Treating rheumatic patients with a malignancy
1 Division of Oncology, Department of Internal Medicine 1, Medical University Vienna, Austria
2 Division of Rheumatology, Department of Internal Medicine 3, Medical University Vienna, Waehringer Guertel 18-20, 1090 Vienna, Austria
Arthritis Research & Therapy 2011, 13:223 doi:10.1186/ar3352Published: 29 June 2011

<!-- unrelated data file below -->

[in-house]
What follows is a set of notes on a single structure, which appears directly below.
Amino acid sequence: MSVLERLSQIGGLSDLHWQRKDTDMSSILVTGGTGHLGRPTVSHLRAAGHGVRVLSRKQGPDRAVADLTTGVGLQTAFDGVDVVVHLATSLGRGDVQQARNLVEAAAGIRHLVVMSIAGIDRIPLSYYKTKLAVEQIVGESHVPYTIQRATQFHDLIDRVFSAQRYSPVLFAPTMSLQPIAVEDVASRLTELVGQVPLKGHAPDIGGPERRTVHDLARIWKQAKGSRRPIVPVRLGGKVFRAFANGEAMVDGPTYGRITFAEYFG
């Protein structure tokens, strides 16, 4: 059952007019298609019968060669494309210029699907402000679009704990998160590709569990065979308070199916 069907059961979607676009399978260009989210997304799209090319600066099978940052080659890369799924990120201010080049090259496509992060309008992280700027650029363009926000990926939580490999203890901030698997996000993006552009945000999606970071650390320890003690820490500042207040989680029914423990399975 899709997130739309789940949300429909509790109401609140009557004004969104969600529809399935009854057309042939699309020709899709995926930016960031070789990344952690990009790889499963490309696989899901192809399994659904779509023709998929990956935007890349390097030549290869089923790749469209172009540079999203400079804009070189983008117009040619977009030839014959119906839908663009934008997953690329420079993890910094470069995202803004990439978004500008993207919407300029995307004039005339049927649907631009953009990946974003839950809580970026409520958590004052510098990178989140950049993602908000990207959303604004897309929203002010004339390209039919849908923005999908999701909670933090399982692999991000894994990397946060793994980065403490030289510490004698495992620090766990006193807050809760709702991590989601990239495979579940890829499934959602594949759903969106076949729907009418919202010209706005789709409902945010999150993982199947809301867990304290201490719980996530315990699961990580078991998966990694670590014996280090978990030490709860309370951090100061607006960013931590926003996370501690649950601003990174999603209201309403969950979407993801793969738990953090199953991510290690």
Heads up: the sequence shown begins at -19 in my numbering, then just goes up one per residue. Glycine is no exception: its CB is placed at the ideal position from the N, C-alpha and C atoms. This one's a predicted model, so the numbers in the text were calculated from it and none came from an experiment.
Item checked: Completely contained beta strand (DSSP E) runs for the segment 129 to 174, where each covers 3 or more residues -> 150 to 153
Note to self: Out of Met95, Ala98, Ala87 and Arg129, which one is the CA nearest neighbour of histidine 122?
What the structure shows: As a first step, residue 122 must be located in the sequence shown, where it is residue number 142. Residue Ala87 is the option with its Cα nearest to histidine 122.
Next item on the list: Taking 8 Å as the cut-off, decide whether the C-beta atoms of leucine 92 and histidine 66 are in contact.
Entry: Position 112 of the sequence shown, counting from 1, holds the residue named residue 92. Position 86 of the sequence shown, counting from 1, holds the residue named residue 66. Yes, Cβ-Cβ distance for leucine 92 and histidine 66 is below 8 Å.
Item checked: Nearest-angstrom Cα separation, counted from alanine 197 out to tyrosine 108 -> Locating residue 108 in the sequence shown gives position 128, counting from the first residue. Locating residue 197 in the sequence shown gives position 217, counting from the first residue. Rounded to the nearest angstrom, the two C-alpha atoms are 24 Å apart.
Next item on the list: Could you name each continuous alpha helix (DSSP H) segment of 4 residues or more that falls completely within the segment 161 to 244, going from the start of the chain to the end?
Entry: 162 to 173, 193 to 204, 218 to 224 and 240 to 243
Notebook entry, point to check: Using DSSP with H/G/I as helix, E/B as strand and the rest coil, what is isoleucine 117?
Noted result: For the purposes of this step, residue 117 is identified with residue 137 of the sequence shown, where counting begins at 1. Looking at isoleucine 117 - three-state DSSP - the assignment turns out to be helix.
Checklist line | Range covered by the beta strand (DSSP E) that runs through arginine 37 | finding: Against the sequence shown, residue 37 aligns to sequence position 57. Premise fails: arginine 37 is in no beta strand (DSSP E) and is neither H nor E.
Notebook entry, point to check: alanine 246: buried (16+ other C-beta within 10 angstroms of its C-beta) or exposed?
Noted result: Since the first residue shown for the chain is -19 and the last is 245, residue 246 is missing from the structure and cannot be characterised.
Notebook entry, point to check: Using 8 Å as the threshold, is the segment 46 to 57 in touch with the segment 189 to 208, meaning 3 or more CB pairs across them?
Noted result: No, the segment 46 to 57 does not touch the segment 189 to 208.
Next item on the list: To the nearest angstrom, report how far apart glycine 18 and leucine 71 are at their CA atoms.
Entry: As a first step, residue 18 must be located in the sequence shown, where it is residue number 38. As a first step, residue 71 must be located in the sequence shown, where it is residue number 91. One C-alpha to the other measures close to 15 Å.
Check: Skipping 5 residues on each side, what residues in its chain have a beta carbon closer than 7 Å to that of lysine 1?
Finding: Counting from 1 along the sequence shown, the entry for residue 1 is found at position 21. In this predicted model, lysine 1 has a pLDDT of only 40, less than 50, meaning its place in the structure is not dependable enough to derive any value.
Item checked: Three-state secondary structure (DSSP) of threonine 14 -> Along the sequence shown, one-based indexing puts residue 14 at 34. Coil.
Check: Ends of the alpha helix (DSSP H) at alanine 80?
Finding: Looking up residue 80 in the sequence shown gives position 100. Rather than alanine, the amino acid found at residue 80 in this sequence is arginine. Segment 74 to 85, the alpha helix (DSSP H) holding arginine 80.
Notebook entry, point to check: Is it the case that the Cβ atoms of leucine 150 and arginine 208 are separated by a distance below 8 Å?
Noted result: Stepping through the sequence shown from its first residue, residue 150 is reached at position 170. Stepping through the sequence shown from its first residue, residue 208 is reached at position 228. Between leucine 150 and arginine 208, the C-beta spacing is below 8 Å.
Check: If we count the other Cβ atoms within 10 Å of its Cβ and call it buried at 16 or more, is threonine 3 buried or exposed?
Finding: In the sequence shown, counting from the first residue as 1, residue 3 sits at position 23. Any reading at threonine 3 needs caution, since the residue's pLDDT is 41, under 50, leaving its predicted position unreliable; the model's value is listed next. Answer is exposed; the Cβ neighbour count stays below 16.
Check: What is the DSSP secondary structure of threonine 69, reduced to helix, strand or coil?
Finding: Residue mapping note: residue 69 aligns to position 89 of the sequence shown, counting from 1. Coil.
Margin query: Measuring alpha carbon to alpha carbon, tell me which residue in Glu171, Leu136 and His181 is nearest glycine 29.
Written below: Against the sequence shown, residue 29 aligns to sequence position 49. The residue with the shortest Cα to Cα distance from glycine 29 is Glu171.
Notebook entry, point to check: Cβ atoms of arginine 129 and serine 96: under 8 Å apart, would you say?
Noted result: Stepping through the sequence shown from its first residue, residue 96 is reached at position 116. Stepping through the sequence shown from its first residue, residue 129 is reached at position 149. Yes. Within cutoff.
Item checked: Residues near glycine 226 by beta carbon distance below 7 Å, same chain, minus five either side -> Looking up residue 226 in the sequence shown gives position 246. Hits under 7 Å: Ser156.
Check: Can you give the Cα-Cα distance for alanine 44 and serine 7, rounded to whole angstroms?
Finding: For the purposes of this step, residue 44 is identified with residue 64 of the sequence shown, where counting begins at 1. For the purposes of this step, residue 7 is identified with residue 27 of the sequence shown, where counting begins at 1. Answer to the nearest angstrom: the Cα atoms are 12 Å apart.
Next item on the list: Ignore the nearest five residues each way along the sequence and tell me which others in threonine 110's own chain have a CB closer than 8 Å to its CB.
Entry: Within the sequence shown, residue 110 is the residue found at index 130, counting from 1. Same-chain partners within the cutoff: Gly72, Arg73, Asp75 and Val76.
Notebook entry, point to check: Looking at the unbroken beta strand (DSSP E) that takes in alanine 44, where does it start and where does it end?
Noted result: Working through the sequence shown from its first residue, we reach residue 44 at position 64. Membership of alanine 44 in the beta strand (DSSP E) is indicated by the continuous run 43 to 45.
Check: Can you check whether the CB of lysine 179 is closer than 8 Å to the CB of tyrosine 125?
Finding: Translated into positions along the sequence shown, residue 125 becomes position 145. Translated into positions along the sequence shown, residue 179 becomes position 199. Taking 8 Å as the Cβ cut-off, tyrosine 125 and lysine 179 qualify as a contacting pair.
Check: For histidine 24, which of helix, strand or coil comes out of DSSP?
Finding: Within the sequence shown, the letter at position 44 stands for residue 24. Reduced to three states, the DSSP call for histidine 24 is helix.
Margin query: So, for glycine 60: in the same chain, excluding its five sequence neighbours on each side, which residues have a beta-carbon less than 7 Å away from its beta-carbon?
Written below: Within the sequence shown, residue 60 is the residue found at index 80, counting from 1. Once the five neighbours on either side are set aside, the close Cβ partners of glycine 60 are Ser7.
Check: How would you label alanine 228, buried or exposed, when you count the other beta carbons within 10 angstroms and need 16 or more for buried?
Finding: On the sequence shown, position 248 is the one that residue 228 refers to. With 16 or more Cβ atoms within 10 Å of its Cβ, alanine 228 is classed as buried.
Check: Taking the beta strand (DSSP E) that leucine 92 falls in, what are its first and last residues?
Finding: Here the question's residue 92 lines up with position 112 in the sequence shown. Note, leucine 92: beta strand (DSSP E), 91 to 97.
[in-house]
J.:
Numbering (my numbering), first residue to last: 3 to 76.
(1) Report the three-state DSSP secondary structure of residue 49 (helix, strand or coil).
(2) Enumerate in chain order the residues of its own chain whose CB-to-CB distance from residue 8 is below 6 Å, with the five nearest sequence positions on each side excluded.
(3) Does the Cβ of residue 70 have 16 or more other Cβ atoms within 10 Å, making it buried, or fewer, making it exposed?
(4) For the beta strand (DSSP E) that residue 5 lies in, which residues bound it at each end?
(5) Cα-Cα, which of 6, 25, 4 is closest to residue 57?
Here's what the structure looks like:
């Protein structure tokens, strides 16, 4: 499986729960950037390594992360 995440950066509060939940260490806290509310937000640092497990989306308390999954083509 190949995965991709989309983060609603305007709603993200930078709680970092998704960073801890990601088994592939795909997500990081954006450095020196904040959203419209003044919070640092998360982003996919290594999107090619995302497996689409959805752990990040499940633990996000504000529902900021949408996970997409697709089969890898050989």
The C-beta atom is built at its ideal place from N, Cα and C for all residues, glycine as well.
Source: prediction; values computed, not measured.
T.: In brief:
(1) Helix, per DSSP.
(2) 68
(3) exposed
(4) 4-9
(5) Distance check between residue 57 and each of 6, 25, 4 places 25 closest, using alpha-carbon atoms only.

Management of patients with inflammatory rheumatic disease and a history of (or even a current) malignant disease poses some particular challenges. As direct evidence of the risk of (recurrent or de novo) malignancy in patients with a history of malignant disease is scarce, such a risk may be estimated indirectly from the principal carcinogenicity of the respective drug to be used or (also indirectly) from cancer reactivation data from the transplant literature. In general, cancer risk is increased in patients receiving combination immunosuppressive treatment, but the risk in patients receiving individual drugs (with the exception of alkylating agents) remains entirely unclear. Indirect evidence supports the intuitive concept that the risk of cancer decreases over time after a successful cancer treatment. The only two studies in rheumatic patients with a cancer history were small and have not been able to show an increase in cancer reactivation. The risk of reactivation also depends on the site and location of the prior malignancy. In conclusion, the decision to treat a patient with a history of cancer immunosuppressively should be shared by the rheumatologist and the oncologist. Once the decision is established, such patients need intensive and close monitoring.